As I continue my real estate investing journey, I'm excited to share tips and tricks I've learned along the way, blending approachable and affordable DIY projects with renovation budgeting and real estate investing strategies. I hope my work motivates you to pick up a hammer, play with some paint, and invest in real estate even if you don't have a whole lot of dough to work with. 

Thank you for being a part of this whirlwind of a creative journey. And remember, right when you think you've given it all you've got, dare to give it just a little bit more.

With so much love and enthusiasm,

JPP Julia script dark.png
Logo inspiration

Logo inspo

Years ago my mom gifted me a sparkly pink and white gnome, a token she said would bring good luck and prosperity. Inspired by this cherished gift, here are 3 symbolic qualities about gnomes that resonate with the JPP brand:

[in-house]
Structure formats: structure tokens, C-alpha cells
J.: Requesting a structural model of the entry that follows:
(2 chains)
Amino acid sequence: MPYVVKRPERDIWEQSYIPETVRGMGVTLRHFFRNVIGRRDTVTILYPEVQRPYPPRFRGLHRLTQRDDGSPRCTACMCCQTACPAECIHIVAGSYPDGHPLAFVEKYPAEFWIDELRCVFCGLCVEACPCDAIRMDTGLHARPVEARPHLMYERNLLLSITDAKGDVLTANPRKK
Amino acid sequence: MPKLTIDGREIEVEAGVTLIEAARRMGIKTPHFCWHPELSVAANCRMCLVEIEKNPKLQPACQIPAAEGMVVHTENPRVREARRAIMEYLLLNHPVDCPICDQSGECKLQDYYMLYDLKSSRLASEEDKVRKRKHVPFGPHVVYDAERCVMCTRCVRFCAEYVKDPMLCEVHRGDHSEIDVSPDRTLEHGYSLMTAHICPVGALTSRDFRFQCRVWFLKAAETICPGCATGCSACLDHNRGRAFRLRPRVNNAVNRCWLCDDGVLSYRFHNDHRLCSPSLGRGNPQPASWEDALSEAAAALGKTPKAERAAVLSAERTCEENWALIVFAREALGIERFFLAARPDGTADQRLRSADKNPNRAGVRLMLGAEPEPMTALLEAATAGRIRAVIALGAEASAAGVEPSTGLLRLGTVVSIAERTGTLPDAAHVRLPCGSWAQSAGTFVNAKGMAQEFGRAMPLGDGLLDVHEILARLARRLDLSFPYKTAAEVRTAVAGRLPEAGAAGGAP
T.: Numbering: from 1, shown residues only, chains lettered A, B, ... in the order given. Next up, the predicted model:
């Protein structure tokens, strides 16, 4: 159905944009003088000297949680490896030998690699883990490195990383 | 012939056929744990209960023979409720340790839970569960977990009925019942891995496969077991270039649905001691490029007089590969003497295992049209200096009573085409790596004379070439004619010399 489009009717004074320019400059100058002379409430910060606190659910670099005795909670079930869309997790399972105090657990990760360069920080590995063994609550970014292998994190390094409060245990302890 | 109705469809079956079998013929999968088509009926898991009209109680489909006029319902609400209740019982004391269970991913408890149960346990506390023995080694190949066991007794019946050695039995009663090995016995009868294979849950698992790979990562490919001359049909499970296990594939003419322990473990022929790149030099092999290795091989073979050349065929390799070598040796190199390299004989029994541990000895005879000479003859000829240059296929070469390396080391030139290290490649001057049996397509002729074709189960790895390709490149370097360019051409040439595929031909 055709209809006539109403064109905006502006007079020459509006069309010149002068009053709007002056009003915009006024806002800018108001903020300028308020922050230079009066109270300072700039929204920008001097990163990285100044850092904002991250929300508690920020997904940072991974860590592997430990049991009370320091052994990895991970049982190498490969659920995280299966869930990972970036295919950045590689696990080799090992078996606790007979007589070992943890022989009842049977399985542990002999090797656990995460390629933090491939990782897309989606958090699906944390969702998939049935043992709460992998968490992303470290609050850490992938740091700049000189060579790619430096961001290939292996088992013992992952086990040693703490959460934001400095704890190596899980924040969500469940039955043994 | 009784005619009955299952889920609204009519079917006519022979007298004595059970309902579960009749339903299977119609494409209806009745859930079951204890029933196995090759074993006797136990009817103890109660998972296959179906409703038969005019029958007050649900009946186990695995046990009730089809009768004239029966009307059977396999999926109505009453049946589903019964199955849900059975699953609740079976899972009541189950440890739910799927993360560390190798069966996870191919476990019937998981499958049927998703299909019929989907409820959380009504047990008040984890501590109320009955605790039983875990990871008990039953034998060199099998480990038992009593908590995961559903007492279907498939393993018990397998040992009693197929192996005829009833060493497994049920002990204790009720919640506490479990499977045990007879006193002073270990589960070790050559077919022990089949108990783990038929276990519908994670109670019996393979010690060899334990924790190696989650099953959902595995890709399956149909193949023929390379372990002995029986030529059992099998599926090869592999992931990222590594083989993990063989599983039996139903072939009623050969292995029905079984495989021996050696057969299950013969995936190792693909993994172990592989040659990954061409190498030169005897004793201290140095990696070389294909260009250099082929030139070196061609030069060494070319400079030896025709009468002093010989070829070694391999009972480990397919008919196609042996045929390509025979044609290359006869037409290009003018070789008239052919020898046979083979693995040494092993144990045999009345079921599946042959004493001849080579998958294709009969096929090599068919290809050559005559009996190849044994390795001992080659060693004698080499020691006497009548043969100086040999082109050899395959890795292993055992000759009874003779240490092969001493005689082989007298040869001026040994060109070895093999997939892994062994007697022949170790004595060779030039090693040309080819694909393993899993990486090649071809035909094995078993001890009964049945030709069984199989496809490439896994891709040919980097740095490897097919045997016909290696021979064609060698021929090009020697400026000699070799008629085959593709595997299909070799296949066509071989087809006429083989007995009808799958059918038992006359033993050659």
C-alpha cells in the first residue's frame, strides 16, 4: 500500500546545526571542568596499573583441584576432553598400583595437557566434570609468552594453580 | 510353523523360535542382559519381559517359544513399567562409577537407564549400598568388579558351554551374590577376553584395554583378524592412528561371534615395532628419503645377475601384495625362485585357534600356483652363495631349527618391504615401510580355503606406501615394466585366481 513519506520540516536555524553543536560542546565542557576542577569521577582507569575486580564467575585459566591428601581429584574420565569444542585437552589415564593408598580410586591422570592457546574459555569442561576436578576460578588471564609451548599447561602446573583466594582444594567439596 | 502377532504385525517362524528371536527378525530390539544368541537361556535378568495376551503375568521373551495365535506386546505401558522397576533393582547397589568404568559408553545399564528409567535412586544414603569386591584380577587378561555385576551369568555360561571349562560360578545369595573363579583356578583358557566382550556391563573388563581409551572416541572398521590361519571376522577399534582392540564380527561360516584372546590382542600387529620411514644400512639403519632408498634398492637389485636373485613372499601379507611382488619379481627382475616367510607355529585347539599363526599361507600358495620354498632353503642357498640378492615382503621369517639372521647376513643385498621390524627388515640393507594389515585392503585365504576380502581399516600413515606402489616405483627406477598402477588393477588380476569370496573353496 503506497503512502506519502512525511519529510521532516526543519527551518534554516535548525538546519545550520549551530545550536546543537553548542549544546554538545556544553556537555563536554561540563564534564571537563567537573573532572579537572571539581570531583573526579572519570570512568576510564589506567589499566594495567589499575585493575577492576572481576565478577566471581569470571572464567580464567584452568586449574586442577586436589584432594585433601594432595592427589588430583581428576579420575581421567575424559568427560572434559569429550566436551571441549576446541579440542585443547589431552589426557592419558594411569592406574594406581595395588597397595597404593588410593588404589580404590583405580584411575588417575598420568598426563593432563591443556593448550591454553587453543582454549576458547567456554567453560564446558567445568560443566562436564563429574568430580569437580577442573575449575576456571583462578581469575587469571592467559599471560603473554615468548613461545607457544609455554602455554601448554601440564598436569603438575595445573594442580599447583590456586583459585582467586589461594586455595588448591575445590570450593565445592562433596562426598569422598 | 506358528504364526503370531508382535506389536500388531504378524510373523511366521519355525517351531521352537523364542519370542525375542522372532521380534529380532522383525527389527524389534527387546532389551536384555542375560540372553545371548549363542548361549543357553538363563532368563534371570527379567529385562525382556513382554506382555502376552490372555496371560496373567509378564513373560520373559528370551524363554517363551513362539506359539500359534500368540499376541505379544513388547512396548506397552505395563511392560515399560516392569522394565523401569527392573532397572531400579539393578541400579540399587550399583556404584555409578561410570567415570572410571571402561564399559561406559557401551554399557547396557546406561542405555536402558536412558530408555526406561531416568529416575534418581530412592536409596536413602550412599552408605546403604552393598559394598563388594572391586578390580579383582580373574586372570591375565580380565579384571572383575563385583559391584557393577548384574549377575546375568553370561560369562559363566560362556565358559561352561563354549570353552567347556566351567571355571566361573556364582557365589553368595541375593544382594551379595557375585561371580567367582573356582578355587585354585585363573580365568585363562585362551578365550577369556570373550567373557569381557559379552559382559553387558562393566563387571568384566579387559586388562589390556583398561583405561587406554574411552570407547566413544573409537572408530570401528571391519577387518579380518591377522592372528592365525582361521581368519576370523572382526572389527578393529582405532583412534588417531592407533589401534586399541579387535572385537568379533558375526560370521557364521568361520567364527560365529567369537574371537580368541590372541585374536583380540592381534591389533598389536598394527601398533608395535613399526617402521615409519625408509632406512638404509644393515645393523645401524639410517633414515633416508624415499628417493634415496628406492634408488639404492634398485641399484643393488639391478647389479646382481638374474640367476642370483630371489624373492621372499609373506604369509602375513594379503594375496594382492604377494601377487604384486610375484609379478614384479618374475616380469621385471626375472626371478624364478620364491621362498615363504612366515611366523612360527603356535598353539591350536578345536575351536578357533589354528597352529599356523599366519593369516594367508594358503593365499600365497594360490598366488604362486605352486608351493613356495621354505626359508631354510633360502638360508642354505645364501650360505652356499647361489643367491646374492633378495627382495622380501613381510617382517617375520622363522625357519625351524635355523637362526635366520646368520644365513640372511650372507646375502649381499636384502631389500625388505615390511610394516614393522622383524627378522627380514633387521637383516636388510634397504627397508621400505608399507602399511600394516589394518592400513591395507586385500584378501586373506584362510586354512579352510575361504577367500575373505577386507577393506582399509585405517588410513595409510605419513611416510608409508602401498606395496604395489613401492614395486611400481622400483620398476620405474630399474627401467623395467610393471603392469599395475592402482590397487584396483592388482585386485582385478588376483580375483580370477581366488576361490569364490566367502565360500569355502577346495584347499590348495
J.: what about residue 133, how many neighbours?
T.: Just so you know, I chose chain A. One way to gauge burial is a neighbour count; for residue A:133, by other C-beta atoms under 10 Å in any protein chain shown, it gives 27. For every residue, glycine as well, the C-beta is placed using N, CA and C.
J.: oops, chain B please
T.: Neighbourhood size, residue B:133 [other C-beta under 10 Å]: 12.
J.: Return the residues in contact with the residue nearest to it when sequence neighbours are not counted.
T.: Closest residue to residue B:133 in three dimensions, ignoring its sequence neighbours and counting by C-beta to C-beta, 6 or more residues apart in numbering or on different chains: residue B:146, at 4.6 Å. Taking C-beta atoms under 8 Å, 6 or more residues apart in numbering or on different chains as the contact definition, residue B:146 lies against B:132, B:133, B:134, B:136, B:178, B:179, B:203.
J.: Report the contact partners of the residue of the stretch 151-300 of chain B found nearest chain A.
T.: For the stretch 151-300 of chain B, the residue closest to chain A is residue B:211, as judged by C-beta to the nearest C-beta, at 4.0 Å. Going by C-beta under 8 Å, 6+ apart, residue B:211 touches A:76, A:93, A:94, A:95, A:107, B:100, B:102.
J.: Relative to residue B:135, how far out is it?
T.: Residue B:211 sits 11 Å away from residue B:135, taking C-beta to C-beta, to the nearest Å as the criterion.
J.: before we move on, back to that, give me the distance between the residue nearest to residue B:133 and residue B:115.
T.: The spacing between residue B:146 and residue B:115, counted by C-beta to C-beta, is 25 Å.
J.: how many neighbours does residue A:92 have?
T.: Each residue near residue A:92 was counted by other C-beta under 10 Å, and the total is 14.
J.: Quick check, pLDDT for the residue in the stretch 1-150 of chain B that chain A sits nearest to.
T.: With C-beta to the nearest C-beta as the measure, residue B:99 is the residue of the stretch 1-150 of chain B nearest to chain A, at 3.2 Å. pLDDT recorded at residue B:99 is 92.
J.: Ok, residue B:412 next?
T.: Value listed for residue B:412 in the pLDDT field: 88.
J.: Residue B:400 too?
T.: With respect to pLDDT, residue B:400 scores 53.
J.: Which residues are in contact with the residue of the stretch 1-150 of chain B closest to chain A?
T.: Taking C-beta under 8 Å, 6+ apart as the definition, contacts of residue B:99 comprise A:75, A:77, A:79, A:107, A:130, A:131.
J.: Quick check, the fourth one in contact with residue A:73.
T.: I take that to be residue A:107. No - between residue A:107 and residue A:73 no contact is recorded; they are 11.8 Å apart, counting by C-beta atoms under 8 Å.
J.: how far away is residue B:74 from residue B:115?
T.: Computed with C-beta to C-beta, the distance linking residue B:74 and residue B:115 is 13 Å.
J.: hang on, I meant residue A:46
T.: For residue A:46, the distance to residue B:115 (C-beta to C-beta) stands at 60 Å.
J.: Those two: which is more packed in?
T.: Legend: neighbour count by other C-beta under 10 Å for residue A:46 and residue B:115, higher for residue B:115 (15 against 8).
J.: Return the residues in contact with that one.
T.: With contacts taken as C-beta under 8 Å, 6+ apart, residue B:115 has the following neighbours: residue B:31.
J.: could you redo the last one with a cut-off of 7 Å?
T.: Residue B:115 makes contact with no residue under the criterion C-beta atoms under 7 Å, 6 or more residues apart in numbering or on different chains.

• Gnomes are recognized for their diligence and industrious nature

  • Gnomes are thought to be great holders of knowledge

  • Gnomes represent good luck and prosperity

Julia Property Projects is a continuous mash-up of renovation projects, interior design learnings, short-form entertainment, and real estate deals, all under one umbrella. At the heart of the brand philosophy is the desire to evoke joy and inspire others to embark on their own real estate related endeavors.


Join me on this transformative journey, where each project tells a unique story of creativity, dedication, partnership and prosperity. 

JPP Gnome Hammer Tan.png

Let’s Work Together

Get in touch so we can start working together.

  • Instagram
  • Facebook
  • LinkedIn
  • Pinterest

Thanks for submitting!

bottom of page